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GSBN:Re: Danny Buck's moisture NM
- To: GSBN GSBN@...
- Subject: GSBN:Re: Danny Buck's moisture NM
- From: Derek Roff derek@...
- Date: Thu, 11 Nov 2004 19:53:47 -0700
- Reply-to: "GSBN" GSBN@...
- Sender: "GSBN" GSBN@...
I agree with David. It seems to be a common dream of builders and
designers to keep all water out, for ever. I suppose that we have a dream
of building perfect houses. Perfection might not be bad target, but it's
impossible to attain. The problem comes when designing for perfection
decreases quality, rather than increasing it. That has happened many times
on many buildings, when people believe they can keep all the water out.
These houses are the most likely to suffer catastrophic failures. Examples
include the many centuries-old adobe structures, which were re-roofed and
plastered in modern materials, in order to "protect" them. A few were
destroyed, and most suffered severe damage over the course of a mere ten or
twenty years, before the new materials were removed.
Ahhh, but that was twenty years ago. Now we know better, and have better
materials. We are really going to protect those buildings now...
This relates directly to Danny's project. I suggest that there are many
advantages to leaving the interior mud plaster as is. I think that sealing
the plaster would do more harm than good. I doubt the theoretical
supposition, which Danny quoted, that the interior plaster should be less
permeable than the exterior plaster. Neither laboratory research nor field
monitoring support that approach. Rather, my reading of the research tells
me that having good permeability in all plasters is the safest course for
strawbale walls. Research by the Canada Mortgage and Housing Corporation
indicates that even in Arctic conditions, the amount of moisture diffusing
through a continuous air barrier, from the living space into a wall, is
small. On the other hand, the amount of moisture moving with air through
small flaws and holes in the air barrier can be very large and have severe
consequences. While we should be vigilant in reducing these holes and
flaws, as David points out, it is hubris to suppose we can attain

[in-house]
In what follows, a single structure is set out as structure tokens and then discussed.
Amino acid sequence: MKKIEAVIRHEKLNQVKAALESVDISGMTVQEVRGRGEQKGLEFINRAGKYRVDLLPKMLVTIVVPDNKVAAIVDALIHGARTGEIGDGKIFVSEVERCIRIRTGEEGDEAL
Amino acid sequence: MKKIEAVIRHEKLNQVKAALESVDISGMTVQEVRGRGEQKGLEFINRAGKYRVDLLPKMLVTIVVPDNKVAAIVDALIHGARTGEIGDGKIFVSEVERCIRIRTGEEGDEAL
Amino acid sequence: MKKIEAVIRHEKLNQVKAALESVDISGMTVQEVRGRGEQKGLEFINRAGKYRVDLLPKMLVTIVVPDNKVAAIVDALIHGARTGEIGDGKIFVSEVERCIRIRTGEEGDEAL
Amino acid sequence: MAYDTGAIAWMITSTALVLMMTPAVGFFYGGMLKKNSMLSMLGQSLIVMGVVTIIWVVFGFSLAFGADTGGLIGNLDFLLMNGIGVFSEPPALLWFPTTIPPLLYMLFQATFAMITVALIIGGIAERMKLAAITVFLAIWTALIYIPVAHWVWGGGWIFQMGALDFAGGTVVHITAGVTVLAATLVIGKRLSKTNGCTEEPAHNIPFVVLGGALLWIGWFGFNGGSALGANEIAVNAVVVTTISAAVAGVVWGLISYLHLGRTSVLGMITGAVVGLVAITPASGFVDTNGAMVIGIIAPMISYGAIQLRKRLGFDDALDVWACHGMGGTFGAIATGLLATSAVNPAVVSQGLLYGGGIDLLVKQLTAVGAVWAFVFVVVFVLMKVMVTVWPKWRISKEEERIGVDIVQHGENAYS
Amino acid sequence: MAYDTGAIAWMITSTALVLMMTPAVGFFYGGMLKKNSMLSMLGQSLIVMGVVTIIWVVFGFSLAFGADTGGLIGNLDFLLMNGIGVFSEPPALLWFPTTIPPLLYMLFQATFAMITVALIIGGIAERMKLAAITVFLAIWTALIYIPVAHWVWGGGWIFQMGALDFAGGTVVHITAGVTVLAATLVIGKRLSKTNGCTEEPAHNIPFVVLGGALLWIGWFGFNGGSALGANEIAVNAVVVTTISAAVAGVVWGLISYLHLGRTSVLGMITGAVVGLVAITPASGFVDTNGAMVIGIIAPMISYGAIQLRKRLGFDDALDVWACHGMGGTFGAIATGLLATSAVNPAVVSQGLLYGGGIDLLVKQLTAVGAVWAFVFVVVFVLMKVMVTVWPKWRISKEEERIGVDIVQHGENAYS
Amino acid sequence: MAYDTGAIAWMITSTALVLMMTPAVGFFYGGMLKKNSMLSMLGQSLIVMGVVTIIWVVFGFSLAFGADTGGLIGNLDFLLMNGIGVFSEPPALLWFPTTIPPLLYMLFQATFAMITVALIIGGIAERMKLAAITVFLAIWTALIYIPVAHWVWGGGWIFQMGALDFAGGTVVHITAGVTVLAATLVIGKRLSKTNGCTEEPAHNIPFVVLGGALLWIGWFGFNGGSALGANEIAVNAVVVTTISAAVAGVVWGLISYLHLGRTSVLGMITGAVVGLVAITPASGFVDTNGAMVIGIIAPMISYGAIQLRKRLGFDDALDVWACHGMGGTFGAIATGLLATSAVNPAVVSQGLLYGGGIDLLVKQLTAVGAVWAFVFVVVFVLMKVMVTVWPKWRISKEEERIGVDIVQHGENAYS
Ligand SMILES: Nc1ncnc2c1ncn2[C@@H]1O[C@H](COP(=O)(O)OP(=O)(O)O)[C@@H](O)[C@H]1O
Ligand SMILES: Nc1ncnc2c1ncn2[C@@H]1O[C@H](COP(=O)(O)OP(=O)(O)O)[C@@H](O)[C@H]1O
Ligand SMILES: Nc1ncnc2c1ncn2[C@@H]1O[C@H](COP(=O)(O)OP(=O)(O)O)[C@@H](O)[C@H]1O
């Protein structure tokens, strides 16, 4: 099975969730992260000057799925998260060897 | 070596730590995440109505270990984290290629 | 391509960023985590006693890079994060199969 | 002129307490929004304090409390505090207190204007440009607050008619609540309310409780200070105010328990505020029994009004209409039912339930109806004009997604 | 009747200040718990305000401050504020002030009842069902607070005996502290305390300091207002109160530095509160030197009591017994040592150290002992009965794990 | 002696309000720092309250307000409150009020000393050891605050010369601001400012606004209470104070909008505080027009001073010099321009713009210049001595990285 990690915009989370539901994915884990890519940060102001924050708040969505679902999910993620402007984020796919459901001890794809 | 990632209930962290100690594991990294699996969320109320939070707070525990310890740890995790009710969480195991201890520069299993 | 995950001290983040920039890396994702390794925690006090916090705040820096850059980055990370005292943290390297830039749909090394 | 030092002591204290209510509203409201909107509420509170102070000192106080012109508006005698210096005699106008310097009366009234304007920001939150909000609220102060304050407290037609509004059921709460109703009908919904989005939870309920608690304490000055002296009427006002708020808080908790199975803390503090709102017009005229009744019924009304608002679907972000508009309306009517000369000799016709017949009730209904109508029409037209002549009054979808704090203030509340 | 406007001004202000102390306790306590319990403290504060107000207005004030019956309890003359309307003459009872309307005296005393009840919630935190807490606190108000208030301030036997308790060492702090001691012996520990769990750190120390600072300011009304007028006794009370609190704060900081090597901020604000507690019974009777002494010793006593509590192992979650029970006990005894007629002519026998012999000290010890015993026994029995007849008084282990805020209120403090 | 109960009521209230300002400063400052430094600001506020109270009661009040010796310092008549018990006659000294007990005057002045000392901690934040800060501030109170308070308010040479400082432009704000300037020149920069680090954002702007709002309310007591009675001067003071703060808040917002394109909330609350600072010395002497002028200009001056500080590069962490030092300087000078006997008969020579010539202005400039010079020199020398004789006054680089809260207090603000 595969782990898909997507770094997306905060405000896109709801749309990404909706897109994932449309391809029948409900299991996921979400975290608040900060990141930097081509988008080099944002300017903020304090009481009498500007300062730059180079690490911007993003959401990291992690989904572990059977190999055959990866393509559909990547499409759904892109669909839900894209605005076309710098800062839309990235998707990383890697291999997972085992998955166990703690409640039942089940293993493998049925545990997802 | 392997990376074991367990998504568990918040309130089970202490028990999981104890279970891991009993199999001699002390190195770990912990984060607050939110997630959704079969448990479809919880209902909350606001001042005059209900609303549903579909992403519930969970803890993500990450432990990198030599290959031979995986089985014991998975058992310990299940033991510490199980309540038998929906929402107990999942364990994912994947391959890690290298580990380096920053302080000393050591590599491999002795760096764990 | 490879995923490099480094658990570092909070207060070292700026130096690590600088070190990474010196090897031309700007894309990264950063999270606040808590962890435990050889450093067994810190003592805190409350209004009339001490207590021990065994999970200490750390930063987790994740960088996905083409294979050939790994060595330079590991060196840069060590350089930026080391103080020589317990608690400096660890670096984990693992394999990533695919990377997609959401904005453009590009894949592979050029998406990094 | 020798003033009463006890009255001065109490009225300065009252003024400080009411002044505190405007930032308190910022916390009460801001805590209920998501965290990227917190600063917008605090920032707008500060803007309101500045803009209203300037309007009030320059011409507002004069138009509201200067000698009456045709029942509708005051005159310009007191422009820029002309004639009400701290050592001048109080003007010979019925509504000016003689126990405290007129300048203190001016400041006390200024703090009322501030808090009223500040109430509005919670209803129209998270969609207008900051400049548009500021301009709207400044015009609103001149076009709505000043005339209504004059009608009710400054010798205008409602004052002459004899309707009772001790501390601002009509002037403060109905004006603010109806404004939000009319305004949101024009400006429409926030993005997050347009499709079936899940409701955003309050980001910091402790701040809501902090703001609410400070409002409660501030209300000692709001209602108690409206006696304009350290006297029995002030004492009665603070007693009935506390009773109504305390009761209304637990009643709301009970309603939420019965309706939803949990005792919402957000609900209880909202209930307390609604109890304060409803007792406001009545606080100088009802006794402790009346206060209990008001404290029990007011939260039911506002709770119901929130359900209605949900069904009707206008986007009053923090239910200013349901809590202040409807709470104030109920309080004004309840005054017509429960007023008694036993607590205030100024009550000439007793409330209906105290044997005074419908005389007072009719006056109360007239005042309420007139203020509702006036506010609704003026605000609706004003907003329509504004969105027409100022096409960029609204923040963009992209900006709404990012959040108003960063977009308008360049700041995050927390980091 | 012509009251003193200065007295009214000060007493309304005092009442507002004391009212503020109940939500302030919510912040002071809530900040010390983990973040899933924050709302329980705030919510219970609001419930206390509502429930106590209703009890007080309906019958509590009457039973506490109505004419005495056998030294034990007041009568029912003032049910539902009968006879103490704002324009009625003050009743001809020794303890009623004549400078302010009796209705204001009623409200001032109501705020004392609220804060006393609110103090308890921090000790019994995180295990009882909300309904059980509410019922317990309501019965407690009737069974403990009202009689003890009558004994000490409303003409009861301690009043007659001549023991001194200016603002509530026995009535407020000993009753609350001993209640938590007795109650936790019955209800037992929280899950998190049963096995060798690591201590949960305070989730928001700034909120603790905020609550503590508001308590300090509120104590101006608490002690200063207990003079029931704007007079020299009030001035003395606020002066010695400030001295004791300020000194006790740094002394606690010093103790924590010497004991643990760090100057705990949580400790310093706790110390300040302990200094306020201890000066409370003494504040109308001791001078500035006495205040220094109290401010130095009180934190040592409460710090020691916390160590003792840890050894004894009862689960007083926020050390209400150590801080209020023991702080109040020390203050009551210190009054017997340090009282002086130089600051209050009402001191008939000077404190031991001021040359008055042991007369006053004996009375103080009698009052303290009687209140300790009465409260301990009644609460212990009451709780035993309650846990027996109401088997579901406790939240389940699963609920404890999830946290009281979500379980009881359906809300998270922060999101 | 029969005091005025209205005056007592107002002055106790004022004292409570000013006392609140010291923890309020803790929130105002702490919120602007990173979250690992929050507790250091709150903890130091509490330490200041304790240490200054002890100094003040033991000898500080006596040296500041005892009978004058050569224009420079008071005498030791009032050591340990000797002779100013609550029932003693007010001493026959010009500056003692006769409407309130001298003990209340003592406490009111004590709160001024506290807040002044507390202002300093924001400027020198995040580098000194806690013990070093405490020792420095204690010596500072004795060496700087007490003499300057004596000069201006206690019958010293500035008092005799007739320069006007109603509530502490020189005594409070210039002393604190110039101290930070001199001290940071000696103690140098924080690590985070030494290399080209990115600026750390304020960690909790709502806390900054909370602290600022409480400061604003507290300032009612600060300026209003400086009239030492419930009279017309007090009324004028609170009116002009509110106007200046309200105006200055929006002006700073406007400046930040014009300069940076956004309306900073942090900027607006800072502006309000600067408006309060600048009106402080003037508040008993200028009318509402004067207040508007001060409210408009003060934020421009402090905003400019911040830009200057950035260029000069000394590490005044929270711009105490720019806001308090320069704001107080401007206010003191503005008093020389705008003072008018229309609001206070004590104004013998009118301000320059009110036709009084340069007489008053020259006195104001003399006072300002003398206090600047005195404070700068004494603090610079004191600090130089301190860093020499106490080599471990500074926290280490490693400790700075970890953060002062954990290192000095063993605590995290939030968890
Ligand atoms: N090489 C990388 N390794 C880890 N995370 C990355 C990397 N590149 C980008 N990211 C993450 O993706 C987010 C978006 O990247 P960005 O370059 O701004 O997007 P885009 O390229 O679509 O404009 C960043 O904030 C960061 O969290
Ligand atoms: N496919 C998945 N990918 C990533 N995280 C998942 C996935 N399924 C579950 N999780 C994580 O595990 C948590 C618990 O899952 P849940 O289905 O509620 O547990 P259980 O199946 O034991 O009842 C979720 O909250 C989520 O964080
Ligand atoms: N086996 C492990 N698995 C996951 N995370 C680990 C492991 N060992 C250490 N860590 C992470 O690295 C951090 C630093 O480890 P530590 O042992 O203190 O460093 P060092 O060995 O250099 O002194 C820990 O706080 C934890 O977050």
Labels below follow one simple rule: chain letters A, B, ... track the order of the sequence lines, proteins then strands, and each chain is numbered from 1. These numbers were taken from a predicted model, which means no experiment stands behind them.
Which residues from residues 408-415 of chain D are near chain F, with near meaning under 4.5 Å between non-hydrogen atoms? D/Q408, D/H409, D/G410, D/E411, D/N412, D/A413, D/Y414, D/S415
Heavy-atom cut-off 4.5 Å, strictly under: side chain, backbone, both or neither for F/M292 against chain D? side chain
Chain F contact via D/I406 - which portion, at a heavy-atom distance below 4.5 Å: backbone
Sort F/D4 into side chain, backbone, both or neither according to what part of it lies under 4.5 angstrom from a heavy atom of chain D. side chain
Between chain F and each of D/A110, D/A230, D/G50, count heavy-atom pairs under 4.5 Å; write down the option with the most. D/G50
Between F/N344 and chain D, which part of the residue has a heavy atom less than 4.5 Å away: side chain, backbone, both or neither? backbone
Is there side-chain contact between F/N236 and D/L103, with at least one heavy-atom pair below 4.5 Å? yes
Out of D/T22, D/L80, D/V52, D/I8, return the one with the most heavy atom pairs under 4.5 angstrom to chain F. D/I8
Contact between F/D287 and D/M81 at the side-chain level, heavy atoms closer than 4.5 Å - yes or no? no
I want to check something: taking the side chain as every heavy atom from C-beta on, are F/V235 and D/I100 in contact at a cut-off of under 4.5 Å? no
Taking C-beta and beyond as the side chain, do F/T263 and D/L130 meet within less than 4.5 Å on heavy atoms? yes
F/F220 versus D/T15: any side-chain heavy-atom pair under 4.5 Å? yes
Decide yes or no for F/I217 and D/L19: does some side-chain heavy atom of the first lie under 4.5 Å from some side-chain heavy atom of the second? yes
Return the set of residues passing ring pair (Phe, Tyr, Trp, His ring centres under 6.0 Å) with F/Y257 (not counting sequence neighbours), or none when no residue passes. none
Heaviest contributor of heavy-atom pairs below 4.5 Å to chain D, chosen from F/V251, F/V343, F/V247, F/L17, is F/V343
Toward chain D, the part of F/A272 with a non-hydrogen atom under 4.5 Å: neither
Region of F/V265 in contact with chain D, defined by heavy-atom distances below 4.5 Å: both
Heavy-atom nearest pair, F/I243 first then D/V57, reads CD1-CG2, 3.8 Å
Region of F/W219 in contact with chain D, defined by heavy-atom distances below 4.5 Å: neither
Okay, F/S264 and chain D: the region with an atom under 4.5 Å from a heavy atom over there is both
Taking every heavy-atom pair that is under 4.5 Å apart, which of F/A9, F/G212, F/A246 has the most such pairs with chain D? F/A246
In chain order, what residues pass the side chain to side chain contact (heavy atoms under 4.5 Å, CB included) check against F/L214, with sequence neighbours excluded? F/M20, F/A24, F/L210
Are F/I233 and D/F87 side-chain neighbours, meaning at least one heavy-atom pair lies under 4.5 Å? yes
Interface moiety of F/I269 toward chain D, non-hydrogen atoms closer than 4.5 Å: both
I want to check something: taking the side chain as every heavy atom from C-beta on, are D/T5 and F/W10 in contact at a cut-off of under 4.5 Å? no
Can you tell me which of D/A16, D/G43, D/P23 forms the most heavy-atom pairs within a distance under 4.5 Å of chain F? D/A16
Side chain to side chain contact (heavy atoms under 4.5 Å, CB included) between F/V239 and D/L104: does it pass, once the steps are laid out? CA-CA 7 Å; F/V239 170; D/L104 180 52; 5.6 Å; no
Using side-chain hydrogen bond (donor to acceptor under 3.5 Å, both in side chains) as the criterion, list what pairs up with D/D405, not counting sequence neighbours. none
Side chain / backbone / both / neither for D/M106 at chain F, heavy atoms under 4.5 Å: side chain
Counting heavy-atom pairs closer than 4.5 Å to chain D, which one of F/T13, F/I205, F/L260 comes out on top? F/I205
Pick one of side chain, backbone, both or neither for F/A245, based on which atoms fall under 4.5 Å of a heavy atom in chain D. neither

perfection in this regard. Therefore, we need the broad expanses of
permeable plasters to ameliorate the effects of the inevitable moisture
If it were my house, I would not seal or modify the mud plaster. I think
it is a big plus for moisture handling. Removing the elastomeric from the
outside would also be an advantage, in my opinion. I wish I knew a simple
way to do it. John Straube's testing indicates that vapor permeable, water
repelling coatings, such as siloxane, can be quite effective over permeable
exterior plasters. John Swearingen has reported using this material with
success and satisfaction in California. I don't know if the silicate
paints that Chris refers to offer similar advantages. Independent testing
--On Thursday, November 11, 2004 7:11 PM -0500 Strawnet@...:
Hello from Portland - a wetter place than my customary climate (Tucson),
where I am attending the USGBC Greenbuild conference.
I just need to reiterate a point I've made many times on this subject -
that is the impossibility of keeping moisture out of these assemblies. If
we can't keep moisture from getting into double glazed windows - two
pieces of glass separated and sealed with the highest tech materials we
can invent, built in a factory and put into a frame - why would you think
we could build an assembly in the field, with the variability of
materails, designs, workmanship and all that happens to those assemblies
over time and water won't get in? It will. Take that as your base
assumption and make sure it can get out. I can't say this strongly enough
- things get wet, make sure that the drying capacity is stronger overall
than the wetting mechanisms...
Language Learning Center
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University of New Mexico
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